Celebration of the Dead: A Look into Mexico’s’ Fall Celebration Dia De Los Muertos

Parade with costumes of cartoonlike skulls for Dia De Los Muertos Celebration. Dia De Los Muertos celebration[/caption]

Mexico and Latin American Culture
Latin American cultures and lifestyles are unique and vast. The regionĀ 
itself ranges from Puerto Rico, Portugal, Brazil, Quebec, and Mexico to name a few. Mexico, known for its food, Tequila, culture, and holidays is located in the Southern- region of America.

A Mexican holiday celebrated on May 5th is Cinco De Mayo, commemorating the victory of the Battle of Puebla. Dia De Los Reyes, which is a Christmastime celebration, takes place on January 6th. Semana Santa or “Holy Week” is when the Latin Catholics spend seven days leading up to Easter praying

A newly recognized holiday
Being important to Latin American Culture, one holiday was carried over and interpreted all over the world. One of the most recognized holidays born in Latin America, but also the most misinterpreted, is Dia De Los Muertos. There is more depth and meaning to the holiday, eliminating negative connotations, such as being macabre and dark.

 

What is Dia De Los Muertos?
In honor of the dead, Dia De Los Muertos, or “Day of the Dead” has been celebrated for decades. It originated in Mexico and branched off to Europe and the United States. From Central Mexico to Southern Mexico, the holiday differs. The main religion in Central Mexico is Catholicism. In correspondence with Dia De Los Muertos in Catholicism, this is known to tie into “All Saints Day” and “All Souls Day”. While in Southern Mexico, the celebration is reminiscent of Mayan culture and their celebration “Hanal Pixan”.

For Dia De Los Muertos in all regions of Mexico, no matter religion, colorful, traditional clothing is worn, the city is adorned with beautiful decorations, and scattered on the roads are bright yellow flower petals. Lit candles and hand-painted skeletons are a beacon to those who look forward to the celebration.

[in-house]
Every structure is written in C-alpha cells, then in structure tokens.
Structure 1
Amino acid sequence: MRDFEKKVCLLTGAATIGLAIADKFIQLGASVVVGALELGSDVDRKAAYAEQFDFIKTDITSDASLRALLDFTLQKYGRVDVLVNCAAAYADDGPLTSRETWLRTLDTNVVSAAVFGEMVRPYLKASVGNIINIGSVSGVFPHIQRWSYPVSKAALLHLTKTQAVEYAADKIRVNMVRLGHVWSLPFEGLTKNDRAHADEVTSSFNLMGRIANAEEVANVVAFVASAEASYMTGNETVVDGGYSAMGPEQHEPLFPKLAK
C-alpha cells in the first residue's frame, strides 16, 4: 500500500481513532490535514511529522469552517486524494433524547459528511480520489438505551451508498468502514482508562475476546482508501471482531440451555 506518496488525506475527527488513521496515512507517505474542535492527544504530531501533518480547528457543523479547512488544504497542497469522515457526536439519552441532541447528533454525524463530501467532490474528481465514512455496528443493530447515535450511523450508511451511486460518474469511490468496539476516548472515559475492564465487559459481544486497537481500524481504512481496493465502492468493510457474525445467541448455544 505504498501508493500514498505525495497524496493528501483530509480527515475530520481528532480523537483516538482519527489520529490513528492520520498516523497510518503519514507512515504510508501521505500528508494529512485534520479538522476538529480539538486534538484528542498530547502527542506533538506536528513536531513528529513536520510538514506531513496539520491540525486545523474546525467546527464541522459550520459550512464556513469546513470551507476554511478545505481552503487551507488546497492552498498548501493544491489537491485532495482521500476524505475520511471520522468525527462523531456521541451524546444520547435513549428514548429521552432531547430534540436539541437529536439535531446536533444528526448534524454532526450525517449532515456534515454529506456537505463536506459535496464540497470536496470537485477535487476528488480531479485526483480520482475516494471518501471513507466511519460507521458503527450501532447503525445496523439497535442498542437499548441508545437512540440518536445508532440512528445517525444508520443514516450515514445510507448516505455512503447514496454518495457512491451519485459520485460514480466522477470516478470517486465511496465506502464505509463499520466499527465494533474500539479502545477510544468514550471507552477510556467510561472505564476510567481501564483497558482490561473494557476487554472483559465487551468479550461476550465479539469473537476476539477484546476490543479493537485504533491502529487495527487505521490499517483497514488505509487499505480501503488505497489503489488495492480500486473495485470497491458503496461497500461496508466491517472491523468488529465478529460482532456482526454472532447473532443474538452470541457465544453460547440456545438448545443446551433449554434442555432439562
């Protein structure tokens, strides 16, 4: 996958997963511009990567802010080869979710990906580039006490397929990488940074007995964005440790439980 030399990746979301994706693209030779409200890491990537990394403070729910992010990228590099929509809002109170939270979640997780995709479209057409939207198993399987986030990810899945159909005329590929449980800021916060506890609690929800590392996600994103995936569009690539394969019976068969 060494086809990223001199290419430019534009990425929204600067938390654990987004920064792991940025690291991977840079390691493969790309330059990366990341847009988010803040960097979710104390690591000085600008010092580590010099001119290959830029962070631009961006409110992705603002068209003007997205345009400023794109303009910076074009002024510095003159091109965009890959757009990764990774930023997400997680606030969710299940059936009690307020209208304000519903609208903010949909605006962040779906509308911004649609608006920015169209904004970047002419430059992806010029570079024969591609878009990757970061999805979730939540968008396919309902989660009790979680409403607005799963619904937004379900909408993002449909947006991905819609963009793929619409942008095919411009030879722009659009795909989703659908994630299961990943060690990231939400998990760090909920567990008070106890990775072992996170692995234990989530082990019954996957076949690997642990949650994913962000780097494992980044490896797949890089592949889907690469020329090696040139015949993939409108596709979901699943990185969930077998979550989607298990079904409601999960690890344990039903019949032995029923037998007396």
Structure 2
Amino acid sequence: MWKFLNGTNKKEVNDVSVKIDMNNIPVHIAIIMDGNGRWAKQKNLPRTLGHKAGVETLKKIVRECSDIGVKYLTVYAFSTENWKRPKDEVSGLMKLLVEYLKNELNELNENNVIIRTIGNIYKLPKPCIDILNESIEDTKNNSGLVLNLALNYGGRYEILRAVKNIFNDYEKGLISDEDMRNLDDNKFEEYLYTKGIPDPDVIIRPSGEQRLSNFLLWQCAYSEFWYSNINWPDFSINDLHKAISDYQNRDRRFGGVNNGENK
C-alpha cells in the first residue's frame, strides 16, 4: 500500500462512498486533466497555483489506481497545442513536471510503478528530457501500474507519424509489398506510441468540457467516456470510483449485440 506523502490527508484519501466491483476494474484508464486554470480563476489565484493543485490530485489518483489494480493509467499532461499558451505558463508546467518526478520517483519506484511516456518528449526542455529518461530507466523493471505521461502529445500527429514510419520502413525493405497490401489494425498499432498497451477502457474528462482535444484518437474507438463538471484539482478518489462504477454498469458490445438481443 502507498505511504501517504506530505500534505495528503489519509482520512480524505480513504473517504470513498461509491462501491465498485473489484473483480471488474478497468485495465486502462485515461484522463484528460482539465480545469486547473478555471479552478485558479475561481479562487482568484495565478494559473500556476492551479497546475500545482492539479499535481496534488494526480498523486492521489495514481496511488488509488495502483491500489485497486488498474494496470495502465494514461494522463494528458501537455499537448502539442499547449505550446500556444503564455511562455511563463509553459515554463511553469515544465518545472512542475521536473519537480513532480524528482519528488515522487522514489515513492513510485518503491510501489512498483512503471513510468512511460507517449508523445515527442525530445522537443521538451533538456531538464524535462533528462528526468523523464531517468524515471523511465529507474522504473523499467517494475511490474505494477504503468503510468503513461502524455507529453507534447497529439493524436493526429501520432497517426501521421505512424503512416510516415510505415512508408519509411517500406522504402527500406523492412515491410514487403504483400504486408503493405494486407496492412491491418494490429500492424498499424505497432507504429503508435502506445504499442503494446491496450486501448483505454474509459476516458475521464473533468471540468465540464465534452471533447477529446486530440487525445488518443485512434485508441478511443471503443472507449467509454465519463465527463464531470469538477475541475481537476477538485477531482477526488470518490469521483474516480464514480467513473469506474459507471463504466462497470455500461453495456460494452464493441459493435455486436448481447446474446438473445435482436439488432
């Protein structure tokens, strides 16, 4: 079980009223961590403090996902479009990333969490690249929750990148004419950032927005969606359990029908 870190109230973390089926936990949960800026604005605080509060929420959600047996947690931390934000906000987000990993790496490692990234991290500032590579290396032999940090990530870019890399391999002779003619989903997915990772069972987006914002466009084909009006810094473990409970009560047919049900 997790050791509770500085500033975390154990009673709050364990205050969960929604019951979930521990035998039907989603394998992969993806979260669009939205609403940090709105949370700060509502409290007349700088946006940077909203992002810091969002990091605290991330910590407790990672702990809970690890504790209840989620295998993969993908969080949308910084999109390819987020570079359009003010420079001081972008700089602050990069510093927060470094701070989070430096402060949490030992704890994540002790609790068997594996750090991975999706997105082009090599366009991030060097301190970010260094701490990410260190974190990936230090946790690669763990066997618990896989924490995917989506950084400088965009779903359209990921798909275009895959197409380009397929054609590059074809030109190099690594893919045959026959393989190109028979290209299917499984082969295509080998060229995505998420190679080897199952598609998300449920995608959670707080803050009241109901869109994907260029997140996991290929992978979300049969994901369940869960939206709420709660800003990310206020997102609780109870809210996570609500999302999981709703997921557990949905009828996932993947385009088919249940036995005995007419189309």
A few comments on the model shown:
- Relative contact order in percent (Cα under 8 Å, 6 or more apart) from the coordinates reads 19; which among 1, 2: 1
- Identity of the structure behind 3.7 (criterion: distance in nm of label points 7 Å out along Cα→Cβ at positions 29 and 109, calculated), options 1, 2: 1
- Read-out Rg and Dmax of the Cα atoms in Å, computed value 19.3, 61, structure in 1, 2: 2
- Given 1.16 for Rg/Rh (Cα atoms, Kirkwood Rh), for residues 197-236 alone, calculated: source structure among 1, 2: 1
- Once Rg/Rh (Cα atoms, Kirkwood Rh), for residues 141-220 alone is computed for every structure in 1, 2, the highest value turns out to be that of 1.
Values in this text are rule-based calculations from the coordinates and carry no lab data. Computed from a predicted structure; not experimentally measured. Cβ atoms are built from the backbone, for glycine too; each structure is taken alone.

Mainstream Culture
Mexico is not the only place celebrating Dia De Los Muertos. People from all walks of life celebrate in various ways. Whether it be by decorating an altar or painting their face, this holiday is currently more mainstream than ever. It has been depicted and made popular by films such as “Book of Life” (2014) and more recent “Coco” (2017). While these films help shed light on Dia De Los Muertos, there is more to celebrate during this traditional holiday.

Parot eating from a pumpkin
Pumpkins are symbolic of Halloween

Day of the Dead Versus Halloween
Dia De Los Muertos and  Halloween are around the same time. They also share some similarities like wearing costumes, which the people of Oaxaca also integrate into their own celebration. Treats are shared with friends and family. Halloween has a Jack-O-Lantern as a common symbol, while one of the symbols for Dia De Los Muertos is a Sugar Skull. Except there are many differences between the two as well. Halloween originated as a Pagan holiday and has a more playful, mischievous nature. Dia De Los Muertos is more about family, remembrance, and love, with no fear involved. There are many things to share that not everyone knows about this holiday, there is so much more to it.

 

Candlelit celebration, traditional of Mexico